Vietnam has launched the use of a mobile disinfection chamber. The chamber was developed by the 'Ho Chi Minh City University of Technology' in partnership with 'the Centre of Science and Technology Development for Youth'. It is expected to be installed in areas at high risk of COVID-19 infections such as quarantine zones. The developers also think about placing the room in strategic areas where many people come together, regardless of the severity of social restriction measures, such as hospitals, supermarkets, railway and bus stations, airports, offices, and schools. The main compenent of the chamber is a 360-degree fog mist sprayer which serves as a strong disinfectant. It is automatically activated when someone steps in the chamber. A complete round of disinfection takes about 30 seconds to complete.
Thailand has developed its own washable mask for local healthcare workers. ‘The Ministry of Higher Education, Science, Research and Innovation’ has partnered with ‘the Faculty of Medicine Siriraj Hospital, the National Research Council of Thailand (NRCT)’, ‘the Rajamangala University of Technology Lanna’, ‘the Thailand Center of Excellence for Life Sciences (TCELS)’, and ‘the Thailand Institute of Nuclear Technology’ to develop the 'Washable Innovative Nano-Masks' or 'WIN-masks'. The mask is intended for medical personnel to prevent the spread of the virus and, thanks to special fabrics woven into the mask, can be washed out and re-used. This mask will be a big help in preventing shortages for medical staff. Shortages are a big risk since there is a high global demand for masks but also because of supply chain disruptions that make it harder to get raw materials and produce it. The inavailability of masks could undermine Thailand's efforts combatting the spread of the virus and protecting its healthcare workers.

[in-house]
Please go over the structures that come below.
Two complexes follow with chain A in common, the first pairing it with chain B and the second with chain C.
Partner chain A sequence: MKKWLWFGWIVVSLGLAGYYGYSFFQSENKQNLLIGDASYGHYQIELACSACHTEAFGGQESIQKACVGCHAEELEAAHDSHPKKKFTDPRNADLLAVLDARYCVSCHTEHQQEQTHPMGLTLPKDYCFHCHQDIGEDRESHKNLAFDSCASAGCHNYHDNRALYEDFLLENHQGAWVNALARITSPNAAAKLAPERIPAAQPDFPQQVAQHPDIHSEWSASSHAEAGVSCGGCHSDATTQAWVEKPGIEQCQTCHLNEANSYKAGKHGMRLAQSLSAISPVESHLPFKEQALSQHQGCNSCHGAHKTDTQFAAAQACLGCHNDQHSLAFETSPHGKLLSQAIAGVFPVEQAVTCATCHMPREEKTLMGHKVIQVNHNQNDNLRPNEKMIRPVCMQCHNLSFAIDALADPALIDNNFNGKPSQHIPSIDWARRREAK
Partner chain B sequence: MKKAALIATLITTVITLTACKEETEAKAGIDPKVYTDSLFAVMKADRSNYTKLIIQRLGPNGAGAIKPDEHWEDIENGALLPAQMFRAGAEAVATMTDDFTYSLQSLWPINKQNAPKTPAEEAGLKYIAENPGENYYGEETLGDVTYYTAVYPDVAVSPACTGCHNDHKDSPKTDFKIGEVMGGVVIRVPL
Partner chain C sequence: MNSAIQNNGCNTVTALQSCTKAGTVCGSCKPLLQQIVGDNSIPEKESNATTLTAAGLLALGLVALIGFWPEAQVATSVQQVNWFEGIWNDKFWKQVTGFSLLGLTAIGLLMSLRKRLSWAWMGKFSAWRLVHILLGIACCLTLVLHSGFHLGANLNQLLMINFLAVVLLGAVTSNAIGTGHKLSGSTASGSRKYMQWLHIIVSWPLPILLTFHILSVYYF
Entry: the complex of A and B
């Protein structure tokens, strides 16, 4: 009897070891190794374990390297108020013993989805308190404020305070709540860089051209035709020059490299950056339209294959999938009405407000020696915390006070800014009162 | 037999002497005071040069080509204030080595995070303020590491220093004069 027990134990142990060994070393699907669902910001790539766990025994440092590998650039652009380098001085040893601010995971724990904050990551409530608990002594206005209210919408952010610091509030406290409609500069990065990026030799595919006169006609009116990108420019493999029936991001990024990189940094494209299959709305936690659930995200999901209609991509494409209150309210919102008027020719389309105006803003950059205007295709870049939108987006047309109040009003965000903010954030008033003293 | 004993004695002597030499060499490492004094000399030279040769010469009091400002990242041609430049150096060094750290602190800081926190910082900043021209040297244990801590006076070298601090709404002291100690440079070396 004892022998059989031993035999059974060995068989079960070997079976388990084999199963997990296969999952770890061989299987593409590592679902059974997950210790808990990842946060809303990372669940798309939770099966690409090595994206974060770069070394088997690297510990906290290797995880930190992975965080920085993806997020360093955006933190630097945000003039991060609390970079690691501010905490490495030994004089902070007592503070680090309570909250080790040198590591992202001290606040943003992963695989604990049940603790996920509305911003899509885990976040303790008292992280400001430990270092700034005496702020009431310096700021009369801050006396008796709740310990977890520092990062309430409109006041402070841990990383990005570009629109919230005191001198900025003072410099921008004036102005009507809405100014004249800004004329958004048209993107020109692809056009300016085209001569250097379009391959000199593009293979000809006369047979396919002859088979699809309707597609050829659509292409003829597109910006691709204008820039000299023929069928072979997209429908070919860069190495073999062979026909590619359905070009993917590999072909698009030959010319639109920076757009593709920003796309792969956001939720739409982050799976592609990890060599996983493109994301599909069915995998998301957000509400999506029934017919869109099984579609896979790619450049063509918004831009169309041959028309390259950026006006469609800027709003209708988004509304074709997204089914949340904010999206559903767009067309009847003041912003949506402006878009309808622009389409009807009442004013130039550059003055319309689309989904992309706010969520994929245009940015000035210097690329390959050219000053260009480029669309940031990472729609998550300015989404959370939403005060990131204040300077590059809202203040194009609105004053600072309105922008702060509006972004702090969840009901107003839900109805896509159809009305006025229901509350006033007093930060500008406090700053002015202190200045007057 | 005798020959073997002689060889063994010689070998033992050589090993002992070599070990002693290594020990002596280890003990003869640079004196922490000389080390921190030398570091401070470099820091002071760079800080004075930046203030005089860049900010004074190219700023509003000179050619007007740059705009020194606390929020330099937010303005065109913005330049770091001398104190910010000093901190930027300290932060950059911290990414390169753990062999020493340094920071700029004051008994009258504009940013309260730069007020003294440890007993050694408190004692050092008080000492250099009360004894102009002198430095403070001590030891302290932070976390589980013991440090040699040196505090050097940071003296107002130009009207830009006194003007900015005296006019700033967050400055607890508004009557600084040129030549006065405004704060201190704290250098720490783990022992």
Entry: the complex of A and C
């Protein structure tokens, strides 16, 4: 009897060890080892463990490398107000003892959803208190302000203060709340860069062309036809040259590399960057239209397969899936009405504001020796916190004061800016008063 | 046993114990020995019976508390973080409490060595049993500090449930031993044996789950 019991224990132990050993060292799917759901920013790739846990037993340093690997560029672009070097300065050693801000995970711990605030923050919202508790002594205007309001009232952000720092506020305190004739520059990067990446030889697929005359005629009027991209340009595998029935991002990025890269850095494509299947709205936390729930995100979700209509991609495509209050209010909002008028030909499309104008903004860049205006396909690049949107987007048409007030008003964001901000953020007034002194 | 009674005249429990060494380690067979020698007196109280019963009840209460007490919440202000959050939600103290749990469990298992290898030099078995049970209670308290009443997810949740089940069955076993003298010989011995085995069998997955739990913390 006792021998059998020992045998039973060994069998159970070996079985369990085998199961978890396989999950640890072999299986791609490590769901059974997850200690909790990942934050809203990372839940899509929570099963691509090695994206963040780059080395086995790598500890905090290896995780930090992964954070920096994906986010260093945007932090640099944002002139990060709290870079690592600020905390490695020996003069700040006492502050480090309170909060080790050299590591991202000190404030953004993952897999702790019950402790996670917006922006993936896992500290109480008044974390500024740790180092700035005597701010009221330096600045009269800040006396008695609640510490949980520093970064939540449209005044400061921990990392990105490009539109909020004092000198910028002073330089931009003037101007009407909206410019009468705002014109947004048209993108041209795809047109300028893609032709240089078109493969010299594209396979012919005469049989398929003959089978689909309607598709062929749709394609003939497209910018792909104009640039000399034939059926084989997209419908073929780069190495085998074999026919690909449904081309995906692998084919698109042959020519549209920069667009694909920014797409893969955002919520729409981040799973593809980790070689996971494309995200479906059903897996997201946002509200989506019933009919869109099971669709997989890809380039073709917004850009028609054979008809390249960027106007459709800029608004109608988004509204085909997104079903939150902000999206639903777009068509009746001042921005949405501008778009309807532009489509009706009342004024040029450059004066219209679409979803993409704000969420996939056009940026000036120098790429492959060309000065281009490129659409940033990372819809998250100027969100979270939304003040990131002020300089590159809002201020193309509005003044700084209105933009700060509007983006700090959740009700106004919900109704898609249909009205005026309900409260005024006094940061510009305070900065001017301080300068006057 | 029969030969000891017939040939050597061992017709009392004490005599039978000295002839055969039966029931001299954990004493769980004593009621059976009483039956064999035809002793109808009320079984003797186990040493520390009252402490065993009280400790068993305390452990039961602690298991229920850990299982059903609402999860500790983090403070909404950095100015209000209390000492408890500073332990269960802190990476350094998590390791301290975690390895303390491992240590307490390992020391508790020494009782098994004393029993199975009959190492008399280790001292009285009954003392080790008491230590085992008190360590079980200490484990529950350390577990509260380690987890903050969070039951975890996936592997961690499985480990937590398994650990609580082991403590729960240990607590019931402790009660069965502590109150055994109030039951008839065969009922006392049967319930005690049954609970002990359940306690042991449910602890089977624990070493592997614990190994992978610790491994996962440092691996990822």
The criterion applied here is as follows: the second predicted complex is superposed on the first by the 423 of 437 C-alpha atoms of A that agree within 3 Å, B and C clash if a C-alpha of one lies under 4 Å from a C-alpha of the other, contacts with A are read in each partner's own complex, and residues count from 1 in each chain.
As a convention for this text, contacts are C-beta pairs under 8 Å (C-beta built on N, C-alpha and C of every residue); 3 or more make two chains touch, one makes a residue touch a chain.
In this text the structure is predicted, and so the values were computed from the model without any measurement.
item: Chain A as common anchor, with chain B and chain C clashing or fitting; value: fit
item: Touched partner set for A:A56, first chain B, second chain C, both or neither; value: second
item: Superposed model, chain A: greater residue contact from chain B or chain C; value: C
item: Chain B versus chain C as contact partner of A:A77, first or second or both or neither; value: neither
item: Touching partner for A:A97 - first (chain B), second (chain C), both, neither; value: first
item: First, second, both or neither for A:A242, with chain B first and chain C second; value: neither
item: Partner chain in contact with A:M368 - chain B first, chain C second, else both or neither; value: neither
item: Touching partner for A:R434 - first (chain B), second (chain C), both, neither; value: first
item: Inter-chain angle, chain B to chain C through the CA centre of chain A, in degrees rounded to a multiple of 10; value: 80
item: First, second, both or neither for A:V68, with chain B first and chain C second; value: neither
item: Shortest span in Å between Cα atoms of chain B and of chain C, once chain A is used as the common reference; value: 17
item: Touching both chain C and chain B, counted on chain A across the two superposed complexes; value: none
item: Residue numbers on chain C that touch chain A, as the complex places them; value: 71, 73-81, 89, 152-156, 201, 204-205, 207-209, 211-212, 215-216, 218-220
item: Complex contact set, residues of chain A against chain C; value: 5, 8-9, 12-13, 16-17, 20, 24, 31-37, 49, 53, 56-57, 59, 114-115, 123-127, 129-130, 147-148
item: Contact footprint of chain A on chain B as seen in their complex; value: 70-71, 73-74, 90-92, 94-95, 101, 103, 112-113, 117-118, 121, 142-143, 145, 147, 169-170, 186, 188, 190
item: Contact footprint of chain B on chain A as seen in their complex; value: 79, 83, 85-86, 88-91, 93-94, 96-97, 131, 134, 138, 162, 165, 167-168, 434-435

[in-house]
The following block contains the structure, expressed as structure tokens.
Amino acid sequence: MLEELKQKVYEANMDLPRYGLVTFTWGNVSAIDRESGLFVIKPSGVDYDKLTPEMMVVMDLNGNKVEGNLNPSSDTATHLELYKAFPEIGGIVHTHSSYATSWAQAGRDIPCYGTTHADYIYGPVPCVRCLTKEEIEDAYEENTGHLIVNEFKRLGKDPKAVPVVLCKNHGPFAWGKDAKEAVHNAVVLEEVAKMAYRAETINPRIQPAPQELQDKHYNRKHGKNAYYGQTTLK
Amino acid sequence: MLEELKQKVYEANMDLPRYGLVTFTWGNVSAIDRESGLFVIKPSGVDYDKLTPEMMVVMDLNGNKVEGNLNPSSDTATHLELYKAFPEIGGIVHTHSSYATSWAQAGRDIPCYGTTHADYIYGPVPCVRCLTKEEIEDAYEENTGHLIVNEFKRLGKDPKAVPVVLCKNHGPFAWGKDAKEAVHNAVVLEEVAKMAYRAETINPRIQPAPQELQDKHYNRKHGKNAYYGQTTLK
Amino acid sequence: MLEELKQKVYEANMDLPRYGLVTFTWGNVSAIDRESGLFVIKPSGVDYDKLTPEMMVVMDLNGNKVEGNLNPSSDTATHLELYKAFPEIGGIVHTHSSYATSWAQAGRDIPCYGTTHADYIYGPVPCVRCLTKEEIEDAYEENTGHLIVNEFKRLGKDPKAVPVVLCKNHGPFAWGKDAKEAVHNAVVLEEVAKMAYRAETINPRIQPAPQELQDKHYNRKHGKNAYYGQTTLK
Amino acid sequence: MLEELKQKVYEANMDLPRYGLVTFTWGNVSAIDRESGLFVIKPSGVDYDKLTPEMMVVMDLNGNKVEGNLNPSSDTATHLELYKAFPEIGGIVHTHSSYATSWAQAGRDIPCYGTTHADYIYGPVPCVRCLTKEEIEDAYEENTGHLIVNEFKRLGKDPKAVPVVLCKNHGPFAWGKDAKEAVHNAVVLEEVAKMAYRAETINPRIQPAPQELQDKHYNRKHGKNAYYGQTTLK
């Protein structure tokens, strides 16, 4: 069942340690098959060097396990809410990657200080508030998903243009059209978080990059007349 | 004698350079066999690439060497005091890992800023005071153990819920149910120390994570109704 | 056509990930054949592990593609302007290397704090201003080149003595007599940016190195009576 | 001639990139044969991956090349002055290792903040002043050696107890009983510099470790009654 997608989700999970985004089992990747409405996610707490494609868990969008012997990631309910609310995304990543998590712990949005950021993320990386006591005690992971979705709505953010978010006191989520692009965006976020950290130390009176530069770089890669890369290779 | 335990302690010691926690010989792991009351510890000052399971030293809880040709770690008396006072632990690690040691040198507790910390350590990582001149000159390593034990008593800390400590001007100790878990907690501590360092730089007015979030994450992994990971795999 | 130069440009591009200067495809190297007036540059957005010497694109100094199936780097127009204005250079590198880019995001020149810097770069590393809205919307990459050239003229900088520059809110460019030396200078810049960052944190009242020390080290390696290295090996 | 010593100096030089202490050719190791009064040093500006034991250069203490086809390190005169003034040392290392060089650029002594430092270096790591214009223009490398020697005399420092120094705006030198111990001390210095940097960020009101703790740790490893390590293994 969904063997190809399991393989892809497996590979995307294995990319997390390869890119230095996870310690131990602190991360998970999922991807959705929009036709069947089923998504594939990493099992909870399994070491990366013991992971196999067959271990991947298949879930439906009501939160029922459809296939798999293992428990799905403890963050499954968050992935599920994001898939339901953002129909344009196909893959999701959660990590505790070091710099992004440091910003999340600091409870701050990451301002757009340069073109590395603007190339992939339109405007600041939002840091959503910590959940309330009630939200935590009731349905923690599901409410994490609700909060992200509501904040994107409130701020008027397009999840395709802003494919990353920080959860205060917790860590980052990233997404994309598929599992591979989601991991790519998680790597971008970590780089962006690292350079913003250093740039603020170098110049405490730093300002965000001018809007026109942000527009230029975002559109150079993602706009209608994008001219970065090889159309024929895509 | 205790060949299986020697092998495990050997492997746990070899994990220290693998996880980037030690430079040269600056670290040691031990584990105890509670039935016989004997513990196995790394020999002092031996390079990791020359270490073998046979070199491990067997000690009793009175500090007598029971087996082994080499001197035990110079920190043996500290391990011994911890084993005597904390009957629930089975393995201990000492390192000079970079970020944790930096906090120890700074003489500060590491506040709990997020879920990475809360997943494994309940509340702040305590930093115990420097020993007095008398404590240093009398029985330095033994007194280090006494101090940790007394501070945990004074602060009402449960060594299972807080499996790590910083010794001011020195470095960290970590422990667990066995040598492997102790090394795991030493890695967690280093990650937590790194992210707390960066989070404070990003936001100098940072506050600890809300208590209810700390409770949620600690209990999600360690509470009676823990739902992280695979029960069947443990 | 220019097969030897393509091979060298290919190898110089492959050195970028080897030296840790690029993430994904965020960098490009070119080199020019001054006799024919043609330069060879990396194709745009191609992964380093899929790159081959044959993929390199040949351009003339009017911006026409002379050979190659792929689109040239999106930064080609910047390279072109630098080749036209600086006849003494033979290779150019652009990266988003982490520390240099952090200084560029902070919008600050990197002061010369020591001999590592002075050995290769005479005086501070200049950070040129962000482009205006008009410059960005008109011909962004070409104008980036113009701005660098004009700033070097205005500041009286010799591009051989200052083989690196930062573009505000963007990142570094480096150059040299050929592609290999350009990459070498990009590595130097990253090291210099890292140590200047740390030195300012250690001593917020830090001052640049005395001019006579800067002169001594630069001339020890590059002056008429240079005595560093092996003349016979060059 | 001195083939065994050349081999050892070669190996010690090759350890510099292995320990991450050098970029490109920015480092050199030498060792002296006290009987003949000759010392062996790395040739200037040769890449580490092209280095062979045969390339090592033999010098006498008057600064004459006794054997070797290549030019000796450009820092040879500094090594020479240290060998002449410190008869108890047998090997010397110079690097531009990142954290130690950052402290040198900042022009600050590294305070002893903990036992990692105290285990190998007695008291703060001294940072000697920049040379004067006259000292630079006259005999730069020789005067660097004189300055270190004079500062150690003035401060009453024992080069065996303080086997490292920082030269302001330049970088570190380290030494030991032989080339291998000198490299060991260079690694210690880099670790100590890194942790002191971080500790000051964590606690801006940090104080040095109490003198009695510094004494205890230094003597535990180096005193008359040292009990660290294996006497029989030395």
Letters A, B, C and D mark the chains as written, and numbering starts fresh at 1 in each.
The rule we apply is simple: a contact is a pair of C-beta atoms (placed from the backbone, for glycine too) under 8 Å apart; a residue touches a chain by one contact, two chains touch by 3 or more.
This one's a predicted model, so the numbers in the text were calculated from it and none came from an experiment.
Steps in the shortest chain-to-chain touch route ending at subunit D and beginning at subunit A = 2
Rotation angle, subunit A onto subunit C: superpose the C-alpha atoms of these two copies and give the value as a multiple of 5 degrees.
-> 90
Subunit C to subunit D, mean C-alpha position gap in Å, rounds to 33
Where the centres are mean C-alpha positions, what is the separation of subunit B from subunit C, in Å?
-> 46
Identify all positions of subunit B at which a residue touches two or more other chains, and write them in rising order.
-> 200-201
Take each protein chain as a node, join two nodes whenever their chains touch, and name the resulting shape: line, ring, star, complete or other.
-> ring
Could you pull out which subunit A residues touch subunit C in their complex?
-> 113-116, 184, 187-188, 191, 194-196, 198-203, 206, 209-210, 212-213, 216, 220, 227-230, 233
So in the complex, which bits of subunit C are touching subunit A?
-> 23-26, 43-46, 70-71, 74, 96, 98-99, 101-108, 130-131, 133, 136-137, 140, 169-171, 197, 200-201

The Malaysian company Madison Technologies has developed CovCT, an independent contact tracing platform. The technology has to help healthcare workers tracking patients steps in the day before they were diagnosed with the corona virus. Building managements, business owners and community leaders can register their venue on the website. A CovCT kit will be provided to them which includes instructions and the unique QR Code poster which can be printed and placed in their venue. All visitors can check-in by scanning the QR code. This makes it more manageable for health authorities across the globe to check where patients have been.
Trace Together was launched on Friday 20 March and is the latest mobile application by the Singaporean government to combat the spread of COVID-19. It was developed by 'the Government Technology Agency (GovTech)' and 'the Ministry of Health'. By downloading the app, users consent to participate and they allow the app to help with the contact tracing process. Users have to turn on their bluetooth and enable push notifications and location permissions. Short-distance signals between phones allow the app to detect other users of the app who are close by, according to a press release. Records will be stored in the users' phones and not shared with the government. They will only be asked to share those records as part of contact tracing investigations. Current investigations are build upon the memories of infected patients which are often incomplete or flawed. This application strengthens those important investigations. Singapore plans to release the app as open source so other countries can use the tech as well.
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